Coverup Of The Year
December 30, 2002
By William Tucker
Time magazine chose three female "whistleblowers" as its "Person of the Year" for 2002.
One is Coleen Rowley, the Minneapolis FBI official who wrote a memo upbraiding Washington for halting the probe of Zacarias Moussaoui, the alleged "20th hijacker." Time's editors call her "the FBI's public conscience... 'The bureau could be great,' was her message, if only it put the goal of protecting Americans above the goal of protecting itself, if only agents were not rewarded for sitting still."
"If we can't trust the institutions charged with tracking terrorists to do the job," the editors wind up, "homeland defense will be an empty phrase. The Coleen Rowleys of the federal work force will be the ones who will let us know what's going on."
But why did agents "sit still" when it came to investigating the suspicious Moussaoui? Somehow Time never gets around to telling that part of the story.
To find out what Rowley was actually fighting, you have to read Heather Mac Donald's City Journal article, "Why the FBI missed 9/11" (Excerpted in The Post on Oct. 27). The Moussaoui mess-up was not a matter bureaucratic inertia. It was not a matter of administrators "sitting still." It was the direct result of four decades of liberal reform of the justice system on behalf of criminal suspects.
Moussaoui was arrested in August 2001 when instructors at a Minneapolis flight school became suspicious of his behavior. He had overstayed his visa, which was the ground for his arrest. But FBI investigators - using their heads - tried to pursue their suspicions by searching the hard drive of his computer. On it, they would have found the e-mail addresses of several other 9/11 conspirators.
Unfortunately, they ran into "The Wall."
"The Wall" is a set of restrictions superimposed by Janet Reno's Justice Department in 1995. As Mac Donald details, "The Wall erected a mind-boggling and ultimately lethal set of impediments to cooperation among all relevant anti-terrorist personnel."
Specifically, FBI staffers investigating foreign espionage were no longer allowed to share information with staff members investigating domestic crimes. Even if the agents were sitting at adjoining desks, their communications had to be cleared first through Washington.
But Washington higher-ups were restricted by the Fourth Amendment, which states that search warrants cannot be issued "except on probable cause and particularly describing the places to be searched and the things to be seized."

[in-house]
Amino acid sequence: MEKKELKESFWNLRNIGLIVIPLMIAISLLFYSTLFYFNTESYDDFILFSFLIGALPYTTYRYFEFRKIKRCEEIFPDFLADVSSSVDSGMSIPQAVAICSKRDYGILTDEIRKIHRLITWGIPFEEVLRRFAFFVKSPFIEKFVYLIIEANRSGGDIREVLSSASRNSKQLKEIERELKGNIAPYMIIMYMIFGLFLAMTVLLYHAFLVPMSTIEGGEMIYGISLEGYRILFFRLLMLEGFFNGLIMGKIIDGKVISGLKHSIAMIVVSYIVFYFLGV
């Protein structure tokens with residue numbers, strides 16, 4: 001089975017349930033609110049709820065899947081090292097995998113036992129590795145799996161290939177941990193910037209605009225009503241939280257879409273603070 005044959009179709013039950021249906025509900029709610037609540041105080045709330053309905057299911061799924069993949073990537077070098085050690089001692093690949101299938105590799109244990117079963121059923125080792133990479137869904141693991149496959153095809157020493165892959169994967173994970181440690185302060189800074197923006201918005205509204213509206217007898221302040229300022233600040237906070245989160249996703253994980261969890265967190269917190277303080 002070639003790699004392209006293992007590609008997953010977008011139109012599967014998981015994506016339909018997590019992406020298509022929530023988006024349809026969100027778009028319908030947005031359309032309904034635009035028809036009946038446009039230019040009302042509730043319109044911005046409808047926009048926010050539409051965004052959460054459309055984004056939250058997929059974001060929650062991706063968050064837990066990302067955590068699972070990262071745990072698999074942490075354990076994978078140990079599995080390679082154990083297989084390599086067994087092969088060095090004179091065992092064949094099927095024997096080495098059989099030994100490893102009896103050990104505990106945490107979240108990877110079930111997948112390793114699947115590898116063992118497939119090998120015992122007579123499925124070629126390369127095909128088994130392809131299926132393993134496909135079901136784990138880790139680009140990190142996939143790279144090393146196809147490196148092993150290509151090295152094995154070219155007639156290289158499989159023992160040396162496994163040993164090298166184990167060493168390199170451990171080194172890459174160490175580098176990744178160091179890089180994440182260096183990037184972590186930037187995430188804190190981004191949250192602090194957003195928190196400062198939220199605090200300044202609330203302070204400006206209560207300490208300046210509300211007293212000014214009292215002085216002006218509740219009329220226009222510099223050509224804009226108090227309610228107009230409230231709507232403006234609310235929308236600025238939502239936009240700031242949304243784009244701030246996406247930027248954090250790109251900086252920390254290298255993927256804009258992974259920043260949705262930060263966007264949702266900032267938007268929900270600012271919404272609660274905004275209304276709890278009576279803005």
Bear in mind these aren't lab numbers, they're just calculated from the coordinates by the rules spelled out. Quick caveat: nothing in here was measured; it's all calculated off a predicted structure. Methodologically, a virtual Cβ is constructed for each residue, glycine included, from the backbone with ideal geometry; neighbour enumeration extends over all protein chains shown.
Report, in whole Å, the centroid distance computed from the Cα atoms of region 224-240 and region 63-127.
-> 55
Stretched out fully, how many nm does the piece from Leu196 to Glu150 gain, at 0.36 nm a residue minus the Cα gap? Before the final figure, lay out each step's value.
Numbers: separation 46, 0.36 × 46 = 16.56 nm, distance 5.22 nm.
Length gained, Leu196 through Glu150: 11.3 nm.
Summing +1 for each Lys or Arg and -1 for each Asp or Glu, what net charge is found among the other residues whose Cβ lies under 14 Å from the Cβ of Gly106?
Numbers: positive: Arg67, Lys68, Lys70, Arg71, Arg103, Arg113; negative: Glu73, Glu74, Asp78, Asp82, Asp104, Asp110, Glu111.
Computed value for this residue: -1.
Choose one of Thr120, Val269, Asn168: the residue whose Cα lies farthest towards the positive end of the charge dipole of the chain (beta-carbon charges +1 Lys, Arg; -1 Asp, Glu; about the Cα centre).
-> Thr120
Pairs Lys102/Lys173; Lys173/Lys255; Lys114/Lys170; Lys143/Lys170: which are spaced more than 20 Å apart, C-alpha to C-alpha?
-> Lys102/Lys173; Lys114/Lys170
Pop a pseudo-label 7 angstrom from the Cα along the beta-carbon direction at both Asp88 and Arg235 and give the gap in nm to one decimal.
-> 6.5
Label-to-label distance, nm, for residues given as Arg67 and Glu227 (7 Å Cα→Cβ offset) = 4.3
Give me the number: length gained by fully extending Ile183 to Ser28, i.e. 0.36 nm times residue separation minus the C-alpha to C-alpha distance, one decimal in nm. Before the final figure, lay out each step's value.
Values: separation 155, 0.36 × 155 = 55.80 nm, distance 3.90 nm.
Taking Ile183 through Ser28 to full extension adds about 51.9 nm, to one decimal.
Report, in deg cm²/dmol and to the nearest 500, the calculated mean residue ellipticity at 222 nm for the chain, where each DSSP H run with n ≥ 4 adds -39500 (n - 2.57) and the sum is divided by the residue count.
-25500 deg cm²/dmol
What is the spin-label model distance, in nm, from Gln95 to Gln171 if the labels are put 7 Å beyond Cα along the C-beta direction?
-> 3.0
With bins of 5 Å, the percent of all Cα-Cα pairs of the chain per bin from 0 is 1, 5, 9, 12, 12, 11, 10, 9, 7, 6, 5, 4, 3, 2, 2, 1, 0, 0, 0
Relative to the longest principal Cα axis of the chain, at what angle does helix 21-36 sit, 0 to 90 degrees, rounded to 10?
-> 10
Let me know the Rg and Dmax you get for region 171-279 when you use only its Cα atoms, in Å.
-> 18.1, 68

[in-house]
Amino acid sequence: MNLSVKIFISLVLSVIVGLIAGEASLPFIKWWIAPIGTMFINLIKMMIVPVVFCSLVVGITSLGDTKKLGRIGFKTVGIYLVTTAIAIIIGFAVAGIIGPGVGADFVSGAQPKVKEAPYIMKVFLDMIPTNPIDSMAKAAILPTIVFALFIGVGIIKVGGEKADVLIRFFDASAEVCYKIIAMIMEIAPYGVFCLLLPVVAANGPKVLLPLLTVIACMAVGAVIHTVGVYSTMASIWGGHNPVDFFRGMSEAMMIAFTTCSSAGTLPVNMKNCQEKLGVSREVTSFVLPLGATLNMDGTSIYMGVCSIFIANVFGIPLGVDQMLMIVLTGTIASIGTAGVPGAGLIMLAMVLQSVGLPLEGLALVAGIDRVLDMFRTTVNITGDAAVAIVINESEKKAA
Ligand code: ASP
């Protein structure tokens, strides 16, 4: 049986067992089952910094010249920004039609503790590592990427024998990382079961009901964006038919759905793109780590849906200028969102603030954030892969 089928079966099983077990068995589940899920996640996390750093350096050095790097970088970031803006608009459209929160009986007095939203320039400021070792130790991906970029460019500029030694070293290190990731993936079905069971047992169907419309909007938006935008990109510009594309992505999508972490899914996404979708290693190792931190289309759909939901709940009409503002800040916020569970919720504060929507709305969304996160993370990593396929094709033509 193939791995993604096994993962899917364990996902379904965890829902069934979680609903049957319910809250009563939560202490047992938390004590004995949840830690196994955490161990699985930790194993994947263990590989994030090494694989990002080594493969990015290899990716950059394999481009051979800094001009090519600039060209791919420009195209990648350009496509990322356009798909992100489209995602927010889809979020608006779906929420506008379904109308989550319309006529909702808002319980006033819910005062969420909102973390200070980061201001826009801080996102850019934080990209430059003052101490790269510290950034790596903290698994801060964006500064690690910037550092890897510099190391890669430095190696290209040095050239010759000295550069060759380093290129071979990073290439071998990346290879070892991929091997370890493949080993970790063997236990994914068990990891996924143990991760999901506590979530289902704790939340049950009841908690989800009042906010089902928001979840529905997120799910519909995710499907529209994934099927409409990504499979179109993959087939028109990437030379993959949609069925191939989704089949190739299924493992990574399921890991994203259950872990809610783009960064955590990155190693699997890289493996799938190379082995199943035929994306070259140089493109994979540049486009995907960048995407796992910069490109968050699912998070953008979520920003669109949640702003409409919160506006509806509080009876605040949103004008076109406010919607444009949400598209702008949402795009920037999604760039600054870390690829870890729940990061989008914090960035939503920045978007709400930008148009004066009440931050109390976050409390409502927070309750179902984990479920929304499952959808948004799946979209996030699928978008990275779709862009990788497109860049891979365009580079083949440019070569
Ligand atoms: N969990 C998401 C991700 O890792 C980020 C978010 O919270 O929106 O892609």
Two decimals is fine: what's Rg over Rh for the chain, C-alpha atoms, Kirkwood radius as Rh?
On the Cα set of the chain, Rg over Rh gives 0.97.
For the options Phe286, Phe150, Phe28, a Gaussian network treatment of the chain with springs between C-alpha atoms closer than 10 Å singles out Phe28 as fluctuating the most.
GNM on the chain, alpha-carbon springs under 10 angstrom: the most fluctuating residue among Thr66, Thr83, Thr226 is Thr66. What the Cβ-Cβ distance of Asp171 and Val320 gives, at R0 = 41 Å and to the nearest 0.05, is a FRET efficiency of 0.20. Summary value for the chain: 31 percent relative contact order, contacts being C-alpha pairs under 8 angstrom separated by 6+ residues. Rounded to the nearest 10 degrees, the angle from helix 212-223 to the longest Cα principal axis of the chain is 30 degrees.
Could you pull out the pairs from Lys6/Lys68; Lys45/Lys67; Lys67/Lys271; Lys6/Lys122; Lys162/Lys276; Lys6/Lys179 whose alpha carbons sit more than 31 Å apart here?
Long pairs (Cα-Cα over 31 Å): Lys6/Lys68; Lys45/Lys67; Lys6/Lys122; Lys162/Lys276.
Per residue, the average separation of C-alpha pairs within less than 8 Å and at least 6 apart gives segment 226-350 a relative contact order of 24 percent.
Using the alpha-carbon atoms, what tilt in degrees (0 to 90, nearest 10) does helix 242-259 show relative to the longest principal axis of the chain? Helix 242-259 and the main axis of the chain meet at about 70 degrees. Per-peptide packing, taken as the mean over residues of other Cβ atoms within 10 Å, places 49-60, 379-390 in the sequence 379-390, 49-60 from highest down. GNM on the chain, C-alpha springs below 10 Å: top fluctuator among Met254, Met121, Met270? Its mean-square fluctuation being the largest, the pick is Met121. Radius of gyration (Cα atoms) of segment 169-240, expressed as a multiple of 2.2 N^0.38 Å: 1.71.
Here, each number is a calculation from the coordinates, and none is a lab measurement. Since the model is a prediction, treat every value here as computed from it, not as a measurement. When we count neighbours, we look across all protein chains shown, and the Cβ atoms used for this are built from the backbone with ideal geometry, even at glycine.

Since the ‘60s, the Supreme Court has expanded "probable cause" to mean that the police cannot act on "suspicions," "hunches" or what might be called "common sense." Instead, they must have hard evidence that a crime has already been committed before they begin to investigate.
When asked by Minneapolis officials for permission to open up a computer, Washington higher-ups responded strictly according to the rules. What's your probable cause? they asked. All you've got is a guy who's overstayed his visa and is taking flight lessons. That's not evidence of a crime.
By the terms imposed by the Supreme Court, they were absolutely right. Of course, these legalistic distinctions have never taken account of the experienced judgment of trained professionals.
Police officers have complained for decades that the rules do not allow them to think. They say these restrictions only benefit guilty people, that no harm is suffered when innocent people are investigated, that crimes will go uninvestigated and that public safety will be endangered.
All this has made no impression on the courts. The civil liberties of individuals - even guilty individuals - always trump the interests of the public at large.
And that's why Coleen Rowley and her colleagues in Minneapolis were not allowed to look in Moussaoui's computer. The FBI's "suspicions" were not sufficient to override concerns about Moussaoui's civil liberties.
It's nice to know some law-enforcement official has finally rebelled against this extreme approach. It's even nicer to know she has made the cover of Time for doing so.
It's just too bad Time didn't bother to tell us the story.
©2002 New York Post
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